There’s nothing more important to most people than protecting their family. The safety of your loved ones, your sweetheart or husband or wife or children, matters more than money, status, or the kind of car you drive. After all, if your loved ones aren’t safe, do material things really count for that much?
Many years ago, I lived in a brownstone in Cobble Hill, Brooklyn. It was a neighborhood “in transition” in those years, and we were diligent about locking up. But one night I woke up at 3:00 a.m., startled to find a flashlight shining in my eyes. It was a police officer, and when my sweetheart and I sat up in bed, he whispered to us to be silent, then quickly told us what was going on.
A fireman at the firehouse across the street had happened to see someone climb through our first floor window and alerted the police, who had hurried over without sirens, entered the same way, and were now searching the house.Upstairs, they caught the man in the landlady’s bedroom – holding her at knifepoint while he prepared to rape her. The knife was from my kitchen.
The next year we moved to SoHo in lower Manhattan. The first thing we did was install a new, high-security cylinder lock and a police lock on the door to the second floor loft. Since there was no way to reach the windows, we felt much safer. One evening four or five years later, I came home from my job in midtown and couldn’t understand why my keys wouldn’t work. I turned the cylinder, felt the bolt move, unlocked the
police lock, but I couldn’t budge the door. Something was very strange. Finally, I realized that I was locking the door, not unlocking it! vWhen I walked in, I knew that my instinct that something was wrong had been right. I saw in an instant that my home had been burglarized. The thieves had climbed up and in through the back window (which faced an alley), using the skylight of the ground-floor apartment to reach the second floor. Somehow, they hadn’t broken a single pane of glass during their climb. Then they forced the window and, once inside, rifled our belongings at their leisure.I called the police, of course, and New York’s finest arrived quickly and set to work. One dusted for fingerprints while the other walked through the loft with me as we took inventory. Missing were two TVs, a $600 VCR, all my videotapes, some cash, and . . . a suitcase! The detectives recognized the signature style of a pair of burglars working the neighborhood: they always took things they could put in the suitcase and carry out without attracting attention, and they’d probably walked out with the loot in broad daylight, just as though it belonged to them.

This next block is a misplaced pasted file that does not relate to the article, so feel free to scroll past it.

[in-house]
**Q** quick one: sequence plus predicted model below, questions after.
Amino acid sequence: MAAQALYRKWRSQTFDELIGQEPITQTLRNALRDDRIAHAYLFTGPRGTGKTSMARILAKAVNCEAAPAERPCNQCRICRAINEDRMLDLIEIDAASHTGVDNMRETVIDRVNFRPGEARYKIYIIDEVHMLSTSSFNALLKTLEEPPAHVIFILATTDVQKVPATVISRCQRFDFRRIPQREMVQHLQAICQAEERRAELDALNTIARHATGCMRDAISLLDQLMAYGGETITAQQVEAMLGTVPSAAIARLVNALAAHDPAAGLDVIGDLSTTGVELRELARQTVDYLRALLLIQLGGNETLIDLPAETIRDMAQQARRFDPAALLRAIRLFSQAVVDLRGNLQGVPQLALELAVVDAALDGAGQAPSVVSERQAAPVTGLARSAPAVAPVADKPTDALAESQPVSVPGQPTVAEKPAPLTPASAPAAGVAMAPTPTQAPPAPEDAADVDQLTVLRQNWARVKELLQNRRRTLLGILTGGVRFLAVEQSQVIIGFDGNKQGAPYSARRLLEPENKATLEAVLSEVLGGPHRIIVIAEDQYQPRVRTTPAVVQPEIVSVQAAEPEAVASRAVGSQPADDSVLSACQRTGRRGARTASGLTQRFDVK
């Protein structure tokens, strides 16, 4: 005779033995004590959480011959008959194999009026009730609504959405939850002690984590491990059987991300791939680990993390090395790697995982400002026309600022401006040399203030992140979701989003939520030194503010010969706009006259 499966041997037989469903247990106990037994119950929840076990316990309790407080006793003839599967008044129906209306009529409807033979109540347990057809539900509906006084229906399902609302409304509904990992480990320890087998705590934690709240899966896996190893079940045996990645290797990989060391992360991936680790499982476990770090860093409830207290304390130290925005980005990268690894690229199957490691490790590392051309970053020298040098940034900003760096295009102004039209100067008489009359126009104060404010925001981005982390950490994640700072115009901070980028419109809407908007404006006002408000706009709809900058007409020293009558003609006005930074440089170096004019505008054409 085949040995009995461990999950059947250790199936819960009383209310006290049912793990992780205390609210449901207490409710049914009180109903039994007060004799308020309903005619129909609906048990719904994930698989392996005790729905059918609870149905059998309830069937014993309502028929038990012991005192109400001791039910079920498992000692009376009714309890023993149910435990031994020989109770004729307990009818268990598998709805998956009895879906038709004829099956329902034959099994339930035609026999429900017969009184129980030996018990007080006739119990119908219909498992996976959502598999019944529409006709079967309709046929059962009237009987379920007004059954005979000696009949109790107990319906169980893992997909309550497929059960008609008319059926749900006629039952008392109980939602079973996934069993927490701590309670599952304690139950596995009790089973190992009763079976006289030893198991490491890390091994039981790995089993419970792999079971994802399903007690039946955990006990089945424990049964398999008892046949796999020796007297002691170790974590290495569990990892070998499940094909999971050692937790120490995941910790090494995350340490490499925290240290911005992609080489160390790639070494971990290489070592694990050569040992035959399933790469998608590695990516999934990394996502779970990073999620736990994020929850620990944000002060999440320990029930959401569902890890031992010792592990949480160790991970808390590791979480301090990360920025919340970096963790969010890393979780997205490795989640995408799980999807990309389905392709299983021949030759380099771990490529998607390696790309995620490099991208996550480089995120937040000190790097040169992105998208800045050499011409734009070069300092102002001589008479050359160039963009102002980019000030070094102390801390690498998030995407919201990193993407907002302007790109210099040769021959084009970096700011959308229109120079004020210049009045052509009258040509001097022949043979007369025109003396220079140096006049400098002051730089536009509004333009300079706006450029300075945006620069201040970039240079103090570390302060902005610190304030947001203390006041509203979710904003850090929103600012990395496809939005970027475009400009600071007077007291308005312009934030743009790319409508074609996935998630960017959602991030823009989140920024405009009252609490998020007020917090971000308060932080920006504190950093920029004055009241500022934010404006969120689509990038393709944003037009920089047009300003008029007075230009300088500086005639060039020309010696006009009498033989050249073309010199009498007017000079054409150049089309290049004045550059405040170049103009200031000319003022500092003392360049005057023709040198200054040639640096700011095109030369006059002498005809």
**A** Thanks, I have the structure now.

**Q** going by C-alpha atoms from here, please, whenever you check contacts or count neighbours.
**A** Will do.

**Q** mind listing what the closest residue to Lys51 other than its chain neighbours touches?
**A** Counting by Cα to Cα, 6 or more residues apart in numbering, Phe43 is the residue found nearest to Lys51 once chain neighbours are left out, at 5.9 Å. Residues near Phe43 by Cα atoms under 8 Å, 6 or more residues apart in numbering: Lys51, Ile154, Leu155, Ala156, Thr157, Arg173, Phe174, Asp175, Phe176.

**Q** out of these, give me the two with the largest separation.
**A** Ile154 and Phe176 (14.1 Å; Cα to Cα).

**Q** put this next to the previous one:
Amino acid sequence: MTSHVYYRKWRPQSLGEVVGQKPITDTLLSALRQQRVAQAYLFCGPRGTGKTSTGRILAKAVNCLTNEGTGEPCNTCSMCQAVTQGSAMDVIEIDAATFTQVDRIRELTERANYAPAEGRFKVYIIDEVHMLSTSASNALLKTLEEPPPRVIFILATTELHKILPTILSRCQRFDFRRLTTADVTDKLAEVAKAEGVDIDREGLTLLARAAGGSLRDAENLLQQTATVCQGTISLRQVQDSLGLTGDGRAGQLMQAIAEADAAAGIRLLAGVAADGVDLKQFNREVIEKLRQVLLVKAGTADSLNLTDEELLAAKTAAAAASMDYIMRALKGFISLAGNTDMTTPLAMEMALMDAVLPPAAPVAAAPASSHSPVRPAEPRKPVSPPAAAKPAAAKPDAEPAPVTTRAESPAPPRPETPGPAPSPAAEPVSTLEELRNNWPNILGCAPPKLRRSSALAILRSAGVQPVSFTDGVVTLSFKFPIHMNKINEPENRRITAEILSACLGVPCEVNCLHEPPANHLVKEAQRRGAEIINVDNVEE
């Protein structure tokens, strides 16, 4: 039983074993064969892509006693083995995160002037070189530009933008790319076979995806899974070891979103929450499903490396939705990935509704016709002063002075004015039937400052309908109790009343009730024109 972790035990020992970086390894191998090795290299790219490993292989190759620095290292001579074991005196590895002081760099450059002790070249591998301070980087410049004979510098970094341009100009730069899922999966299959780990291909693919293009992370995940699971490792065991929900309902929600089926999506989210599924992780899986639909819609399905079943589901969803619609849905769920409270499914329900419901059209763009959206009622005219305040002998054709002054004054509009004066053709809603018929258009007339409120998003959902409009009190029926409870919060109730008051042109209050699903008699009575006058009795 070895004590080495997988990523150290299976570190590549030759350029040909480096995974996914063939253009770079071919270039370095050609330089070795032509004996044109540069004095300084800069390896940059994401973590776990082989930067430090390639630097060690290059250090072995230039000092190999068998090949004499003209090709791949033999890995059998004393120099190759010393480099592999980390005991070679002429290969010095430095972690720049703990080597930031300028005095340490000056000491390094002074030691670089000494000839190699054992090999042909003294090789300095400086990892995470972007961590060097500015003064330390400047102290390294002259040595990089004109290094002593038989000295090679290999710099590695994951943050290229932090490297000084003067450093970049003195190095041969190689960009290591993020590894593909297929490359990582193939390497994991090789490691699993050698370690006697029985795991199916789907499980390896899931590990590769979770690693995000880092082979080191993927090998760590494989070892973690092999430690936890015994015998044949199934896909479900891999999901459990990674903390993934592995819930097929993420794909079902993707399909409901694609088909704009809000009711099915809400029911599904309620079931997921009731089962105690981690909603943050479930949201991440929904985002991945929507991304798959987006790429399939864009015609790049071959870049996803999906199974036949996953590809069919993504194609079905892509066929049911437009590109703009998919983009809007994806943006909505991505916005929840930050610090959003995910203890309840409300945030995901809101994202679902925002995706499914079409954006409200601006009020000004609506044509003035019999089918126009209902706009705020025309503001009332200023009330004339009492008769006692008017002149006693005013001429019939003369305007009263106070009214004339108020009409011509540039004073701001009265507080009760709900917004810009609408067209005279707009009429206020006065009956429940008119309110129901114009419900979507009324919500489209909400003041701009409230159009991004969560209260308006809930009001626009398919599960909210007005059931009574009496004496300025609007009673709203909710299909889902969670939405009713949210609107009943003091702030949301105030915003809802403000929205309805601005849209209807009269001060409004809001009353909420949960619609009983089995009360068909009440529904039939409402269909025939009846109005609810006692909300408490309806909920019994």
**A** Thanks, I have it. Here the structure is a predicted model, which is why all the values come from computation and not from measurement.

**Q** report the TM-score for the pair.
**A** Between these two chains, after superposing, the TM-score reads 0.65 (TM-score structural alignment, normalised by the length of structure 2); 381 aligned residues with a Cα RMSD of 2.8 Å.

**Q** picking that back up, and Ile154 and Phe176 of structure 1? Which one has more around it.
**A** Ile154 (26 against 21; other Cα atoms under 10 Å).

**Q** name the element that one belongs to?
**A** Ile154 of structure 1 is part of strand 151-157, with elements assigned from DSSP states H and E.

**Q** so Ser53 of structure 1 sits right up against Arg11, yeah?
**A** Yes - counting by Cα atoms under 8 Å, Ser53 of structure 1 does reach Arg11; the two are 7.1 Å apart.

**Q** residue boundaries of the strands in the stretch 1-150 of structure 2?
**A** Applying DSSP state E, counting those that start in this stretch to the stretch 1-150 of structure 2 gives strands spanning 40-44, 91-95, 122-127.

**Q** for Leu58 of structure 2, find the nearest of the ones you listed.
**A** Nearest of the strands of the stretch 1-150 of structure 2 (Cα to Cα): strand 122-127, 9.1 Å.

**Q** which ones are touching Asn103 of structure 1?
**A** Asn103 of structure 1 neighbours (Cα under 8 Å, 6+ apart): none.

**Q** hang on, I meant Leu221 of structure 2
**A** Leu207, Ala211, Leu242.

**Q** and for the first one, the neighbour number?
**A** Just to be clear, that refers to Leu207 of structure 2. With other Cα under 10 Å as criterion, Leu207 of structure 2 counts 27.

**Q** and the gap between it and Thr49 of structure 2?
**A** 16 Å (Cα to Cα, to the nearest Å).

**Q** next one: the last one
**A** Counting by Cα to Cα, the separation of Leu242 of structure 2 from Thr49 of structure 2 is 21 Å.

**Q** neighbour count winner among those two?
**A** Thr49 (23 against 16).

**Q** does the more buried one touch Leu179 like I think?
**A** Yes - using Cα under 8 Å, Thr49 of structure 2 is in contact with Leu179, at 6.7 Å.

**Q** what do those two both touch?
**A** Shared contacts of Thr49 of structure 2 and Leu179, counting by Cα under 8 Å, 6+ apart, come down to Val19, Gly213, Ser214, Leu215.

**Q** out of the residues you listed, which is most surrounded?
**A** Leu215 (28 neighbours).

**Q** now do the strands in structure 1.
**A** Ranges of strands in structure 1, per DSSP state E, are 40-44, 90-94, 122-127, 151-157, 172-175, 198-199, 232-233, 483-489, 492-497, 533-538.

We were unharmed and grateful, but it’s still devastating to know that strangers have been inside your home, poking through your drawers, rifling your papers as they look for cash, touching your belongings. Those two experiences made me feel – though I don’t pretend that it’s anything like the same thing – as though I had, somehow, been raped. Violated. Sullied.
Both times, I thought our home was well protected. I had put quality locks on the doors, and in Brooklyn we had three doors to protect: the main entrance at the top of the steps, the lower door to the “garden apartment,” which was part of our duplex, and, of course, the door to the garden in back. The ground floor windows were all barred, and nobody could – I believed – climb up to the second floor and get in. I believed the same thing about SoHo.
Both times, the locks worked exactly as they were meant to. Nobody got in through a locked door. But clearly, those locks weren’t enough. Like the proverbial barn without a horse, the brownstone duplex and the second-floor SoHo loft both needed window gates for real security.
My advice as a long-ago victim of burglary? Get top quality locks on all the doors to your house, but don’t stop there. Protect EVERY access point to your home.
In other words, think ahead, and plan ahead; imagine your loved ones at risk, and unlike me, lock the barn door before the horse escapes.